In southwestern New Mexico, that portion of the state where government ownership of lands equates to 87% of the landscape, yet another demand for national monument unmercifully plods along. This time a total of 600,000 acres of Dona Ana County is being subjected to the newest generation of environmental fervor ‘to save the lands’. In the planning led by membership of the county’s progressive county commission, city council, and professional wilderness lobbyists, not a single citizen who has duties, responsibilities, or investments on the land targeted got invited to the discussion. It was obvious greater plans can not be burdened by common needs.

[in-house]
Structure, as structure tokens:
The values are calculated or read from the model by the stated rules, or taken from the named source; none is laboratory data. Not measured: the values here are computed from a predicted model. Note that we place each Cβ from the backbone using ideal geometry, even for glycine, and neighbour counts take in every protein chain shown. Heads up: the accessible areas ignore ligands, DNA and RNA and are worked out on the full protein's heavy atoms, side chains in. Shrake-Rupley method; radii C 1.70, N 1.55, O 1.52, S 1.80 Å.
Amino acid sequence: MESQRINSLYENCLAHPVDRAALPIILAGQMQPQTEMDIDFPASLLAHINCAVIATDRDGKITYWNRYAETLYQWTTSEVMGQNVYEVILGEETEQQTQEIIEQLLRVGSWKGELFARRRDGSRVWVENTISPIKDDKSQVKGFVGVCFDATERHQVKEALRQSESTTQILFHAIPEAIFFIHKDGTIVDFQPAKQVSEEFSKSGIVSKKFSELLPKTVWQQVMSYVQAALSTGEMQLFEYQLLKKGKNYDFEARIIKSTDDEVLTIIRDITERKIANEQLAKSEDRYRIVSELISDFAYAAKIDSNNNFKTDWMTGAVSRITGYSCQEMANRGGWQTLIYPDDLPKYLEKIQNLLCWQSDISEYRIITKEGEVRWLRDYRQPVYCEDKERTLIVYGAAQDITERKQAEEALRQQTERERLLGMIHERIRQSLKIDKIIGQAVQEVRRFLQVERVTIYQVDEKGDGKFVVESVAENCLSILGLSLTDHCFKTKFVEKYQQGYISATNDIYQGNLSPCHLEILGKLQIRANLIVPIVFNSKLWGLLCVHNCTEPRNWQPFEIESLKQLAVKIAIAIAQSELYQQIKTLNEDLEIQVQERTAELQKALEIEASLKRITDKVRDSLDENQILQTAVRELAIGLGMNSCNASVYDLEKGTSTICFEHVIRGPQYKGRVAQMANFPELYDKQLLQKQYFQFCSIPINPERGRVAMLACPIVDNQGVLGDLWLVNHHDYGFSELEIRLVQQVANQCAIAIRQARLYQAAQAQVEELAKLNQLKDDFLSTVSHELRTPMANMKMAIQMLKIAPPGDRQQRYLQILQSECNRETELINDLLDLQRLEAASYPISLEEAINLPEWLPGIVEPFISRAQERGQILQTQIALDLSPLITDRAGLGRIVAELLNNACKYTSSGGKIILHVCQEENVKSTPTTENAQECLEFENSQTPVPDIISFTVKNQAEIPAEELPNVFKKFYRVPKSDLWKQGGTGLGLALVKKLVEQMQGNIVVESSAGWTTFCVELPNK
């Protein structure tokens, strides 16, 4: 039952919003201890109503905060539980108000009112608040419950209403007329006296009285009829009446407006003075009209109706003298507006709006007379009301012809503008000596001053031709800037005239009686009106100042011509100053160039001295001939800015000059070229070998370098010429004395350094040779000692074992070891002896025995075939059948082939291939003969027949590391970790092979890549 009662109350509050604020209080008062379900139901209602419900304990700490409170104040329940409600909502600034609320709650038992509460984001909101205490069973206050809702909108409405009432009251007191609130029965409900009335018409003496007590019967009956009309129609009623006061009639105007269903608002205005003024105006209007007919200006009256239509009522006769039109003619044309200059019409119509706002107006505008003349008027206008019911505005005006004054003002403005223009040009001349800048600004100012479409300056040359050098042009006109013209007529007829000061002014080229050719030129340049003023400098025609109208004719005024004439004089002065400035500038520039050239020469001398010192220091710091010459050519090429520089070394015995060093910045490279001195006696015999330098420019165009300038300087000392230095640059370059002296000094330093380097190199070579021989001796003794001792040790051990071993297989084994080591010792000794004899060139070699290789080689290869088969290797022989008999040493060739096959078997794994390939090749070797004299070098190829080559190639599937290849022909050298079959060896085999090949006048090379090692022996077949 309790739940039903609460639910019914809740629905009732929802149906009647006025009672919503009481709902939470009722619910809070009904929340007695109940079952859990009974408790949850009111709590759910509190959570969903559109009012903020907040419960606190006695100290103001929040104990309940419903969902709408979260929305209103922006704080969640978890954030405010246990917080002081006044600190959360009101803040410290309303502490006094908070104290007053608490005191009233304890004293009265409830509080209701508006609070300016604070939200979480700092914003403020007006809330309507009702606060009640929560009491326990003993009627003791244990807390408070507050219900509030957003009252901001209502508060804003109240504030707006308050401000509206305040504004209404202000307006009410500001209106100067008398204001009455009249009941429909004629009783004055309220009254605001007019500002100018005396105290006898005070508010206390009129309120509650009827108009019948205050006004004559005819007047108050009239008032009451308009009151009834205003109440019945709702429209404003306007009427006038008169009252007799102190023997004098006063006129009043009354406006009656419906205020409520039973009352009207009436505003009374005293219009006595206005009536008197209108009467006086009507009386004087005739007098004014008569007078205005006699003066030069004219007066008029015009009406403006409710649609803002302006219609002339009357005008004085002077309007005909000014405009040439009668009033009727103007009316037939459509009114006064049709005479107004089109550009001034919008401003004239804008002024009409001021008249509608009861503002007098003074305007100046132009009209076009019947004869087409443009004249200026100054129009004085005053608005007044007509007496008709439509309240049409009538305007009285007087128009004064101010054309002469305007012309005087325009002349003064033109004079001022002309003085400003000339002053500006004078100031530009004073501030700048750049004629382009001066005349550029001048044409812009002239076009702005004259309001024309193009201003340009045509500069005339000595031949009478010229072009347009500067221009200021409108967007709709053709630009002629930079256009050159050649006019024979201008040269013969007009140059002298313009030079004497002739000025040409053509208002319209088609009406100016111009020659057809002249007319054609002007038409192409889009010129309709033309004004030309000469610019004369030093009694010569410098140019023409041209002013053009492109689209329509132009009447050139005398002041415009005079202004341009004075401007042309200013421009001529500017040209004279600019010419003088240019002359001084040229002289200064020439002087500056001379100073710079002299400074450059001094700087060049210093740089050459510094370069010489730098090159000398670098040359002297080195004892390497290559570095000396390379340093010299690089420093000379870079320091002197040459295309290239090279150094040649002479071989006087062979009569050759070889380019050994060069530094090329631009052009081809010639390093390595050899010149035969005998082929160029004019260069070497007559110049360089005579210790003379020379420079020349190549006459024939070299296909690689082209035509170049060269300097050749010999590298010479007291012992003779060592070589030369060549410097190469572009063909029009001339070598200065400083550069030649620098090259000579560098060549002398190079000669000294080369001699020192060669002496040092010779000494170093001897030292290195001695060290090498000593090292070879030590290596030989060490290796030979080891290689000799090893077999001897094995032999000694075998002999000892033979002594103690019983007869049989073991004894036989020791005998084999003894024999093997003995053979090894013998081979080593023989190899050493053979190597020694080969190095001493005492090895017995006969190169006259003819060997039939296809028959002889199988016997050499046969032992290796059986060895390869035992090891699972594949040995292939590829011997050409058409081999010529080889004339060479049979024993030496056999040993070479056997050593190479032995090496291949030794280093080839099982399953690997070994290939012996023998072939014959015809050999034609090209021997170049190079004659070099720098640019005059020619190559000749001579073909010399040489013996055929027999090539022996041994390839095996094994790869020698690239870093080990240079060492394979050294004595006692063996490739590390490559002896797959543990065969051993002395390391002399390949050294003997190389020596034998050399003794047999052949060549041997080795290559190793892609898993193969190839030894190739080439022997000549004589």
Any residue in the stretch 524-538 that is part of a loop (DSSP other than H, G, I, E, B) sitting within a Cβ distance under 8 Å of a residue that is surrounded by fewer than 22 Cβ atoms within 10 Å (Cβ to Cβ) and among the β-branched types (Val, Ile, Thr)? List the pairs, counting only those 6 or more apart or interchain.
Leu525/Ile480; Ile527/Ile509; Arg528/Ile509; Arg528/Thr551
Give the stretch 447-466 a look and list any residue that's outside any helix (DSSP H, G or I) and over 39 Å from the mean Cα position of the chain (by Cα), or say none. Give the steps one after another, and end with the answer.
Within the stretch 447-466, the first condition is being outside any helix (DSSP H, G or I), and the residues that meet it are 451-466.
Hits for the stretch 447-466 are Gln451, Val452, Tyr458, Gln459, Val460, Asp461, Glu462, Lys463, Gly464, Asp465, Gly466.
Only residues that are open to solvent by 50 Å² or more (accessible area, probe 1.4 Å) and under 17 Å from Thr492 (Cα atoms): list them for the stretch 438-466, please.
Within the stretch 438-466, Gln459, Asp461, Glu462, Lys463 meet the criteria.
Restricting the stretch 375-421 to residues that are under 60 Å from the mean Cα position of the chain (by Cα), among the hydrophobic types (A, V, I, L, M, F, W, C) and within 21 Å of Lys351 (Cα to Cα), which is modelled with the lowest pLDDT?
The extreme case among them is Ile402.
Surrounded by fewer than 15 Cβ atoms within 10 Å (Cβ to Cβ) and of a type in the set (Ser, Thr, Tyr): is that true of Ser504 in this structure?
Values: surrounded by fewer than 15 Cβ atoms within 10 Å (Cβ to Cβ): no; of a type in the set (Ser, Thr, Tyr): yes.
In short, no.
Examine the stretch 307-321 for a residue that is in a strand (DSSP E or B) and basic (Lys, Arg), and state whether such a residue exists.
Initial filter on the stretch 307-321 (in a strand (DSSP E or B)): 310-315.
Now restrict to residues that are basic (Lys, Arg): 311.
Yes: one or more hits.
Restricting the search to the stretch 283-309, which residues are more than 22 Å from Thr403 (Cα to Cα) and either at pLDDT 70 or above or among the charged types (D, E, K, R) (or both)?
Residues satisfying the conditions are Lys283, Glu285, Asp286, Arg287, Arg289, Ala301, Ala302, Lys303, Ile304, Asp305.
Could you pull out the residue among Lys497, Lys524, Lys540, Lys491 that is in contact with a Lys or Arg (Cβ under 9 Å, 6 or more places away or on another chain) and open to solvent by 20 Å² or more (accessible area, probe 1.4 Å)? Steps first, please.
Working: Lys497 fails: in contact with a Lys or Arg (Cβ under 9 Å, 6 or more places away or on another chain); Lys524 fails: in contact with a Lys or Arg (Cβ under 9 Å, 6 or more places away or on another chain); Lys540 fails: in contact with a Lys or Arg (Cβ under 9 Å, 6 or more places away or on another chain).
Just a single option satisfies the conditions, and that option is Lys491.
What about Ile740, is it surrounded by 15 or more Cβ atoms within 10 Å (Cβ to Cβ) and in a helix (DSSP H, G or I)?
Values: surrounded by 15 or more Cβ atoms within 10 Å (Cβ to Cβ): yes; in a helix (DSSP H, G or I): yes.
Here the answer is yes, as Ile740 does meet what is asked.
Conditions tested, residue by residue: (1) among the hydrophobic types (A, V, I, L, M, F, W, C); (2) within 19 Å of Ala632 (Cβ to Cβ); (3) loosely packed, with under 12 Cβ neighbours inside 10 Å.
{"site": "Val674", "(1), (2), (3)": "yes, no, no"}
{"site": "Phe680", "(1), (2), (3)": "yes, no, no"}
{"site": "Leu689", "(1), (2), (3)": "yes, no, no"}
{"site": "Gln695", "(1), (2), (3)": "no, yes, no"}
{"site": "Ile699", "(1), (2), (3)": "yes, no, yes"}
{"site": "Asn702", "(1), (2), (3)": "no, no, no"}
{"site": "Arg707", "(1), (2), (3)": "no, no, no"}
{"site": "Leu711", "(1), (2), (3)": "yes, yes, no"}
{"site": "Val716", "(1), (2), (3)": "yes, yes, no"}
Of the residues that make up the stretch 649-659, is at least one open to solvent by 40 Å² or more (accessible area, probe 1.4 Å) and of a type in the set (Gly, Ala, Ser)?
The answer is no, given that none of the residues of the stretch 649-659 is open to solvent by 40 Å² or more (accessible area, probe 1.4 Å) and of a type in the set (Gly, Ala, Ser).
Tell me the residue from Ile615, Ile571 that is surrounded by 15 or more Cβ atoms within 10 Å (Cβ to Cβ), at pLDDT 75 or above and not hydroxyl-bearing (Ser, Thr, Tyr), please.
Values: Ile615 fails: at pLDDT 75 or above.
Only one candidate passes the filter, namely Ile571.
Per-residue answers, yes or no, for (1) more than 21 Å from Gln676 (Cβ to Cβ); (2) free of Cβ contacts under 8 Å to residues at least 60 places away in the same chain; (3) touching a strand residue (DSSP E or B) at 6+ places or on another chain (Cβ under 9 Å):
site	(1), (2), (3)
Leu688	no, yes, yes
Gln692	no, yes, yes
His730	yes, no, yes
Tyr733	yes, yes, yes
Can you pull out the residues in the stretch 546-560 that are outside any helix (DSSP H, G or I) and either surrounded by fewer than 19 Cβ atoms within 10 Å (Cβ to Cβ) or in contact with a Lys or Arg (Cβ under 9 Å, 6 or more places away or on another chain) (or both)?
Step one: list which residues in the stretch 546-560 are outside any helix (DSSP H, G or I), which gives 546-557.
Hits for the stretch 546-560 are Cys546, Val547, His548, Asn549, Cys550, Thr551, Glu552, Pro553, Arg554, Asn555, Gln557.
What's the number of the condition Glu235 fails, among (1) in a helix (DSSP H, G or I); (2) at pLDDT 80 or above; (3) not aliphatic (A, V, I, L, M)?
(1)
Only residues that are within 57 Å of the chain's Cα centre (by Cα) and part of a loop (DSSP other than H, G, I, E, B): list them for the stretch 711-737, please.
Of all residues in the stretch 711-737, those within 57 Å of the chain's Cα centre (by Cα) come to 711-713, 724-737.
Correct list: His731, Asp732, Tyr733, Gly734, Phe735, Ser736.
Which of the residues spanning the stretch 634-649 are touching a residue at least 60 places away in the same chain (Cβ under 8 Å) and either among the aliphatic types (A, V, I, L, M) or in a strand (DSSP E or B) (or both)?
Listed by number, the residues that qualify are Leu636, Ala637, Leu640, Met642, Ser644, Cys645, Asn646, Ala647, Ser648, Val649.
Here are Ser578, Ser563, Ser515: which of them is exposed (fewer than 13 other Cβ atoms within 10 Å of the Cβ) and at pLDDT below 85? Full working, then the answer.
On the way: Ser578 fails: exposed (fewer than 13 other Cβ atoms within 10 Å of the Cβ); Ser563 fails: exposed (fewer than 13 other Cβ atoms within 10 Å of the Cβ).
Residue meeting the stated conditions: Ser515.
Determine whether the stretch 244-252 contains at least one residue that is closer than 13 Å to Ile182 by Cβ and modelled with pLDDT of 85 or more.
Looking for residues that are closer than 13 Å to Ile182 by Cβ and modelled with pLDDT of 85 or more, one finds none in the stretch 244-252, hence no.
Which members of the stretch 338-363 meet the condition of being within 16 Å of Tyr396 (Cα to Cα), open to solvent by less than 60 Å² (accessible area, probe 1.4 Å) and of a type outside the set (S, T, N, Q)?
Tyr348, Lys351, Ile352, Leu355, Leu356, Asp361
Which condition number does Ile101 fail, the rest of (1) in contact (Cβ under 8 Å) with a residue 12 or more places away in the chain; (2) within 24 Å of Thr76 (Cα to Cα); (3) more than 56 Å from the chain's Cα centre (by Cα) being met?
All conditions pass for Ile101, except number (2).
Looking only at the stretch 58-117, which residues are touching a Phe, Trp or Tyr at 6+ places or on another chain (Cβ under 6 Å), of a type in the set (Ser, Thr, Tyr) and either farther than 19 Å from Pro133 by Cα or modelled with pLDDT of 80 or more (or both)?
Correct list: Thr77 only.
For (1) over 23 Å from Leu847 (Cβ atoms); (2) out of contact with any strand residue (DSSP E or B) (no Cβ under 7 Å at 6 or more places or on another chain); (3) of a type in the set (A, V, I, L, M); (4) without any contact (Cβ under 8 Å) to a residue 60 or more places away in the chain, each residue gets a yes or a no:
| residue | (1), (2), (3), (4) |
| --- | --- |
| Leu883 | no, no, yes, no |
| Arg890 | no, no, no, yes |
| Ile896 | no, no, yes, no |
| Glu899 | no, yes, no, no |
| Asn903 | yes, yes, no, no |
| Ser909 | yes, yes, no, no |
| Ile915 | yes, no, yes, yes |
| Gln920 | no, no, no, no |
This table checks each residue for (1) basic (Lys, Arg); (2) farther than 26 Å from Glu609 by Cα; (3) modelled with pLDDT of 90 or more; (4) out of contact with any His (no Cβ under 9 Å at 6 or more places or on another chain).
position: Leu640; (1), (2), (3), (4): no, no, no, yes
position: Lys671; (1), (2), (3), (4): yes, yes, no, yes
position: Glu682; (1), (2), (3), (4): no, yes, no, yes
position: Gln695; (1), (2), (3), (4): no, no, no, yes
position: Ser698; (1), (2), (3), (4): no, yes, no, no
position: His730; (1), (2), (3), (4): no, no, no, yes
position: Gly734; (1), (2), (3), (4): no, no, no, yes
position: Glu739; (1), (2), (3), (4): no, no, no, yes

In response, the district’s Congressman, Steve Pearce, offered legislation to finally correct the abuse of the Antiquities Act. The local liberal press hammered him.
“Nixing 100 years of Protection” the headline read.
It should have read …“Nixing 100 years of tyranny”
The postscript: perversion of the Antiquities Act expanded
On May 21, 2014, President Barack Hussein Obama signed into law by presidential proclamation the Organ Mountain Desert Peaks National Monument. The worst fear of every citizen who has a duty, a responsibility, or an investment on the 900 square mile footprint of the monument came to pass.